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Stop Solving Problems
When all we have is a hammer, lots of things start to look like nails.
I hope you enjoyed the extra hour of sleep last night and are ready to tackle the week ahead. In today’s edition of Prompted, we’re talking about a different strategy for approaching life’s problems.
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Stop Solving Problems
We cannot solve our problems with the same thinking we used when we created them.
When we have a problem we invest in a solution.
When we’re sick we go to the doctor. When we’re bored we pull out our phones. When we’re overweight we start a diet. When we’re stressed we see a therapist.
When something isn’t going well, it’s important to identify the problem and invest in a solution.
Those who can solve problems the best are celebrated. Job descriptions ask for “problem-solvers” and companies sell their products by explaining what problem they solve for their customers.
We are obsessed with problems and constantly searching for not just solutions, but for new problems to solve as well. It’s easy to get caught in a reactionary loop of solving one problem after another and continue putting out fires, but the problems never stop coming.
There’s nothing wrong with a problem-solving mindset, but when all we have is a hammer, lots of things start to look like nails.
There’s a thrill to solving problems that makes the process a rewarding cycle to engage in. But what if we could prevent problems from occurring in the first place?
Unfortunately, human nature doesn’t let us think that far ahead.
Our brains create resistance to investments of time and energy that don’t solve an acute problem. If we invest effort and resources into something, we expect an immediate result.
We’re very comfortable taking action to receive something in return. We’re not very good at taking action to avoid a potential future result.
Our brains steer us towards immediate gains and away from investments to avoid potential pain.
Despite our natural tendency, we’re better off making small investments to avoid or remove potential pain than solving problems once they materialize.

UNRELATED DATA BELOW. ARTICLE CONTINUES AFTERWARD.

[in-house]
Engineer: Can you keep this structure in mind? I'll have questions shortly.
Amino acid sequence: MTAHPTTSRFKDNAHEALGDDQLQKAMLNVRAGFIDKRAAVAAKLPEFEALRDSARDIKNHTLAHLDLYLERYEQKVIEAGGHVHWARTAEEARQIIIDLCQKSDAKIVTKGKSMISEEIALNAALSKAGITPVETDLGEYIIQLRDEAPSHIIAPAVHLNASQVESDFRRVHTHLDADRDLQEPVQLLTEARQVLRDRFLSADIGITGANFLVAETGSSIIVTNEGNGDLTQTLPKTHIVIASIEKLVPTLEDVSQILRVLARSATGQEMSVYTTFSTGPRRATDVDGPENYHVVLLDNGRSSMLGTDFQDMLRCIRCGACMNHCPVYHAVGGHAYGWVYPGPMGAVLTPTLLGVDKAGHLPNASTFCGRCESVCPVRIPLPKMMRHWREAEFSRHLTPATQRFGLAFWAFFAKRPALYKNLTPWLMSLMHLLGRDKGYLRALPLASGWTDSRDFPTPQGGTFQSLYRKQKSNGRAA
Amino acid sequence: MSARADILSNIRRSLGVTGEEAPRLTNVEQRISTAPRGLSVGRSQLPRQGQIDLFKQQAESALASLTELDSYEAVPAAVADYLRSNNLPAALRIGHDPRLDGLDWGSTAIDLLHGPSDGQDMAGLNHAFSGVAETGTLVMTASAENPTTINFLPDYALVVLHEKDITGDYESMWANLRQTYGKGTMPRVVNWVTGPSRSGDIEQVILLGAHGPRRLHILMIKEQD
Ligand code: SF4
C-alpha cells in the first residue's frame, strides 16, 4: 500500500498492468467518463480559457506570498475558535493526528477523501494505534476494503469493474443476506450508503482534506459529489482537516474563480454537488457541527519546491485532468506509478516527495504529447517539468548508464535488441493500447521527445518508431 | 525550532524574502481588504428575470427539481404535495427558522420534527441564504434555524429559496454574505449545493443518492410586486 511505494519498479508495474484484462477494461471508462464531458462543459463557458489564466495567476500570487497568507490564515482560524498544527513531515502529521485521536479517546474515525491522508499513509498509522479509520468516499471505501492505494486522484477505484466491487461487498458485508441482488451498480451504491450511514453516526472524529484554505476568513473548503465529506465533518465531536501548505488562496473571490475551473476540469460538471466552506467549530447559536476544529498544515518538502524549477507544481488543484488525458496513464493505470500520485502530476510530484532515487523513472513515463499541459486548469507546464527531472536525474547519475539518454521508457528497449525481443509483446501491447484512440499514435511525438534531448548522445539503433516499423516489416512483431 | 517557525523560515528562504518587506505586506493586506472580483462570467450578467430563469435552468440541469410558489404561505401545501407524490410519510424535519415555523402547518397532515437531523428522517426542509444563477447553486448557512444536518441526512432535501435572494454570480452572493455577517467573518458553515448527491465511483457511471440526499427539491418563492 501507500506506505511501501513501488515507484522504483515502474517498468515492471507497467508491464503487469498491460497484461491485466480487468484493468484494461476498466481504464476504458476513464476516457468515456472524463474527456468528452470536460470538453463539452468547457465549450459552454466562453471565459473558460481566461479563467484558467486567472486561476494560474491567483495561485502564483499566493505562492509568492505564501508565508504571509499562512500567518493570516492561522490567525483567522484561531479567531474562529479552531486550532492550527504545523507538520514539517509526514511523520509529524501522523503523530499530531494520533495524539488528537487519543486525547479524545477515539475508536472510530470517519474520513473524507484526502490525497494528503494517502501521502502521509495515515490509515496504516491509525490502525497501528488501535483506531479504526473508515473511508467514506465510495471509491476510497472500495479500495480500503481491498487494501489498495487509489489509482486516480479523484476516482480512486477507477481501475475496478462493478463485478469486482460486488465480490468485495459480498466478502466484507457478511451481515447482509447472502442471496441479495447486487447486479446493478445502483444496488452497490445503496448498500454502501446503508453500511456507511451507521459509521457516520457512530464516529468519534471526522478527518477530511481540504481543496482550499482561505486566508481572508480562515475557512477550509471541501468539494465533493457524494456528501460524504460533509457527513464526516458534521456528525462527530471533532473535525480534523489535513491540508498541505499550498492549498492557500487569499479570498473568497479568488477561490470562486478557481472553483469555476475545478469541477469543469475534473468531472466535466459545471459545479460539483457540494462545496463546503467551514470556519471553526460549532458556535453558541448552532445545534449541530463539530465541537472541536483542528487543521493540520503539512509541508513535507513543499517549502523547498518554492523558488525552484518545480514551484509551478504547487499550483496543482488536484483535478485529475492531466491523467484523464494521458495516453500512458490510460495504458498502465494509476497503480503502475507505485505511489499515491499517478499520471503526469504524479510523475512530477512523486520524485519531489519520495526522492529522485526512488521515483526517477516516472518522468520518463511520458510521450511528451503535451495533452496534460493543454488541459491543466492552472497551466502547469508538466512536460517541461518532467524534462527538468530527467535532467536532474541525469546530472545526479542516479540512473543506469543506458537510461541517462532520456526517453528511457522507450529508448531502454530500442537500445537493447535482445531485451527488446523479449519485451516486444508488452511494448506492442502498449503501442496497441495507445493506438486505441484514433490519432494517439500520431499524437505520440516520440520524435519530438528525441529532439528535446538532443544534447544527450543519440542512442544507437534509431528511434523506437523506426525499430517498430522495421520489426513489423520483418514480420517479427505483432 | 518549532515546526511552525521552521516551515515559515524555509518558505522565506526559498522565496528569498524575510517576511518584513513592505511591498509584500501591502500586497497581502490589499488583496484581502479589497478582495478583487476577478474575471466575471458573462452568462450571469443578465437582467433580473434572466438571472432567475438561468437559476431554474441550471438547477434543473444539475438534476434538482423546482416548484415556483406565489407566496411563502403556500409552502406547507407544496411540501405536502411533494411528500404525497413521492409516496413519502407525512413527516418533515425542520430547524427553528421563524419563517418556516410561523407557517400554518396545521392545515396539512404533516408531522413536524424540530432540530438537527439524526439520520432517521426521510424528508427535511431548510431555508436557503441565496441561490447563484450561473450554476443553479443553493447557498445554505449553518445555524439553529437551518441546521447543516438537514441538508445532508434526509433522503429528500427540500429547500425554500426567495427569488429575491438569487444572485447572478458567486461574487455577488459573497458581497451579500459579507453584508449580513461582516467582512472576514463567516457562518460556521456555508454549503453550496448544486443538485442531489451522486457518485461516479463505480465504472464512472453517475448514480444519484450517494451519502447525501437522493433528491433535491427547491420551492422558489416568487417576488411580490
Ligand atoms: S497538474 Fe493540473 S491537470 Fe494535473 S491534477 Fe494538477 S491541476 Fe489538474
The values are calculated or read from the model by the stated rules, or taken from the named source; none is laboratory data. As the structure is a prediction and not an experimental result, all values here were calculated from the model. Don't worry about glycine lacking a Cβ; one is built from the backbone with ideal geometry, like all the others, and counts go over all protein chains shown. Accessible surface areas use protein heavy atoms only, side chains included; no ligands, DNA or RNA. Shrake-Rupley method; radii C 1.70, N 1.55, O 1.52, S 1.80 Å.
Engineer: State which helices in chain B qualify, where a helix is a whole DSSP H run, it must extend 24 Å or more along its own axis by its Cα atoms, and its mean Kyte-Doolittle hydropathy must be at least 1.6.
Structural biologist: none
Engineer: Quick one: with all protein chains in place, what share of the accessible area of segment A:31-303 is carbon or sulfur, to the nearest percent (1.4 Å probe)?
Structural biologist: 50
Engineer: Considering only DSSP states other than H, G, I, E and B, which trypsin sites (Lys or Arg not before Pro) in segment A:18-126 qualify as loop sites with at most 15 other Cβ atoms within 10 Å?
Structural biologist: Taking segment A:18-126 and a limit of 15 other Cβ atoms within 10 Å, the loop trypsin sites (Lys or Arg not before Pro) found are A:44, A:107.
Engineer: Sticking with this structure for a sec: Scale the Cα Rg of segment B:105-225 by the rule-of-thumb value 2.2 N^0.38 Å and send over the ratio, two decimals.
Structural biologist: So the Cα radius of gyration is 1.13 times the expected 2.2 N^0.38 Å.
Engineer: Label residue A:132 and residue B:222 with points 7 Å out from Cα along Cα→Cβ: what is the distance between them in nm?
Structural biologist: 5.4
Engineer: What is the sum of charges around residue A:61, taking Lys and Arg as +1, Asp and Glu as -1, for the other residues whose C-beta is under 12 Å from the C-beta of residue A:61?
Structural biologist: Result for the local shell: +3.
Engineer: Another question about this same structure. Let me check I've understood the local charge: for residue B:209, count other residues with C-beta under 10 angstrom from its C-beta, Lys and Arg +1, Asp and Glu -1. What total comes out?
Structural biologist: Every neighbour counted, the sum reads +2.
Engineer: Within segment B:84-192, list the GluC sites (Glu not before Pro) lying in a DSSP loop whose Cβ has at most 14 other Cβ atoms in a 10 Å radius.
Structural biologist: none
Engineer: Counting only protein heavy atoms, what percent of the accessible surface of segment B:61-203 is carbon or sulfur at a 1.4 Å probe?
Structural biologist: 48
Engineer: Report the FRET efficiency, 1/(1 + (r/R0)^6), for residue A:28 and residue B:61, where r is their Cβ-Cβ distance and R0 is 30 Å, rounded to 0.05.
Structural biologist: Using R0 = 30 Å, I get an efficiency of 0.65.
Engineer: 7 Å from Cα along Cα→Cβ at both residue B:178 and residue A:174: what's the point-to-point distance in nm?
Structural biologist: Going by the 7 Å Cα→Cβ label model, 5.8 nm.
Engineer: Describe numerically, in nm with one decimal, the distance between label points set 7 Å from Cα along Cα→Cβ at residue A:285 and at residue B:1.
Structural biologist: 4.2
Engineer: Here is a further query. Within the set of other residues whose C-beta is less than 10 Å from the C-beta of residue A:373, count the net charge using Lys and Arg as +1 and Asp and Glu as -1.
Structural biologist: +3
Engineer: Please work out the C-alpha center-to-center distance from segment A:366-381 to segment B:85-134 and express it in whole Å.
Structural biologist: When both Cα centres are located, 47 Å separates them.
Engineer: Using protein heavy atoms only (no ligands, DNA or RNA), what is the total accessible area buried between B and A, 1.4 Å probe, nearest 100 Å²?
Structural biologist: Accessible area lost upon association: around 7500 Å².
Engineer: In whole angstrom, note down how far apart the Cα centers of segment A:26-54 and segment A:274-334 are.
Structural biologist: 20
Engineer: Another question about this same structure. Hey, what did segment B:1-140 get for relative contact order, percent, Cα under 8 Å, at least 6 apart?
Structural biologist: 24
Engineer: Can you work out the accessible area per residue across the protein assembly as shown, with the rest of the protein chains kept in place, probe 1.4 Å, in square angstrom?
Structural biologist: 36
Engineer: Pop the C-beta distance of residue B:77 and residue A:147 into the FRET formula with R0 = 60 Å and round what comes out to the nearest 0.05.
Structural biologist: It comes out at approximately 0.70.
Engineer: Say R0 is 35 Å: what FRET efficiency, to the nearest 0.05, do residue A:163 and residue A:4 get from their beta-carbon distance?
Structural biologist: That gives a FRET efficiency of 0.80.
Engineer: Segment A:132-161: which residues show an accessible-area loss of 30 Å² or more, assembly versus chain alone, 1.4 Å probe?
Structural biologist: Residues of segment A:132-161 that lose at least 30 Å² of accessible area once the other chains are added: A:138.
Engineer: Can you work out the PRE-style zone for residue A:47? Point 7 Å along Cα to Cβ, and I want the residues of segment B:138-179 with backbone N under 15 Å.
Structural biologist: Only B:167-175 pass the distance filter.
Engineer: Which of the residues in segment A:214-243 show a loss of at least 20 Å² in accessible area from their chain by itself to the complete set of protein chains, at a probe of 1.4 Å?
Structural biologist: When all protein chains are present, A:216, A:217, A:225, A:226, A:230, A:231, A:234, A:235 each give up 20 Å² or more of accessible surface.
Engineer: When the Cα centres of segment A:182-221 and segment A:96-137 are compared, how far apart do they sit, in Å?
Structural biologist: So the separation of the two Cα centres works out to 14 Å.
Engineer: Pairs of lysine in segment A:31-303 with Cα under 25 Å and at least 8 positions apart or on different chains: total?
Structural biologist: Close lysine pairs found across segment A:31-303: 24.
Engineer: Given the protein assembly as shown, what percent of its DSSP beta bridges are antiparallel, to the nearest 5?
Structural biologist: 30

It sounds simple, but we’re not wired for it. We instinctually address critical issues after they become a problem, not before.
This is why flood insurance sales go through the roof, after a flood. This is why Ozempic is a billion-dollar drug, but 42% of America is already overweight. This is why toxic work cultures don’t change until there’s a whistleblower.
To prevent problems, we need to create systems that force us to invest in simple preventative measures. Preventive measures aren’t sexy, but they’re effective.
Meditating for a few minutes each day can prevent a mental breakdown. 20 minutes of daily exercise can prevent, heart attacks, surgeries, and decades of discomfort. Calling out unsavory comments at work when they first occur can prevent catastrophic consequences.
Taking preventive measures is like leading the team in assists. It goes almost entirely unnoticed and it’s often thankless, but without it, the team would have big problems.
We’re a society built on a mindset that “if it ain’t broke, don’t fix it”, but maybe it’s time to focus on fixing things so they don’t break instead.
What was the last big problem you had to solve? Was it a result of something you could have prevented?
What area of your life needs immediate preventative care?
What would your life look like if you eliminated the problems that you end up solving most often?
The Quest to Solve Problems Before They Happen. Wisdom from unconventional problem solvers.
Thanks for reading! I’ll see you next Sunday.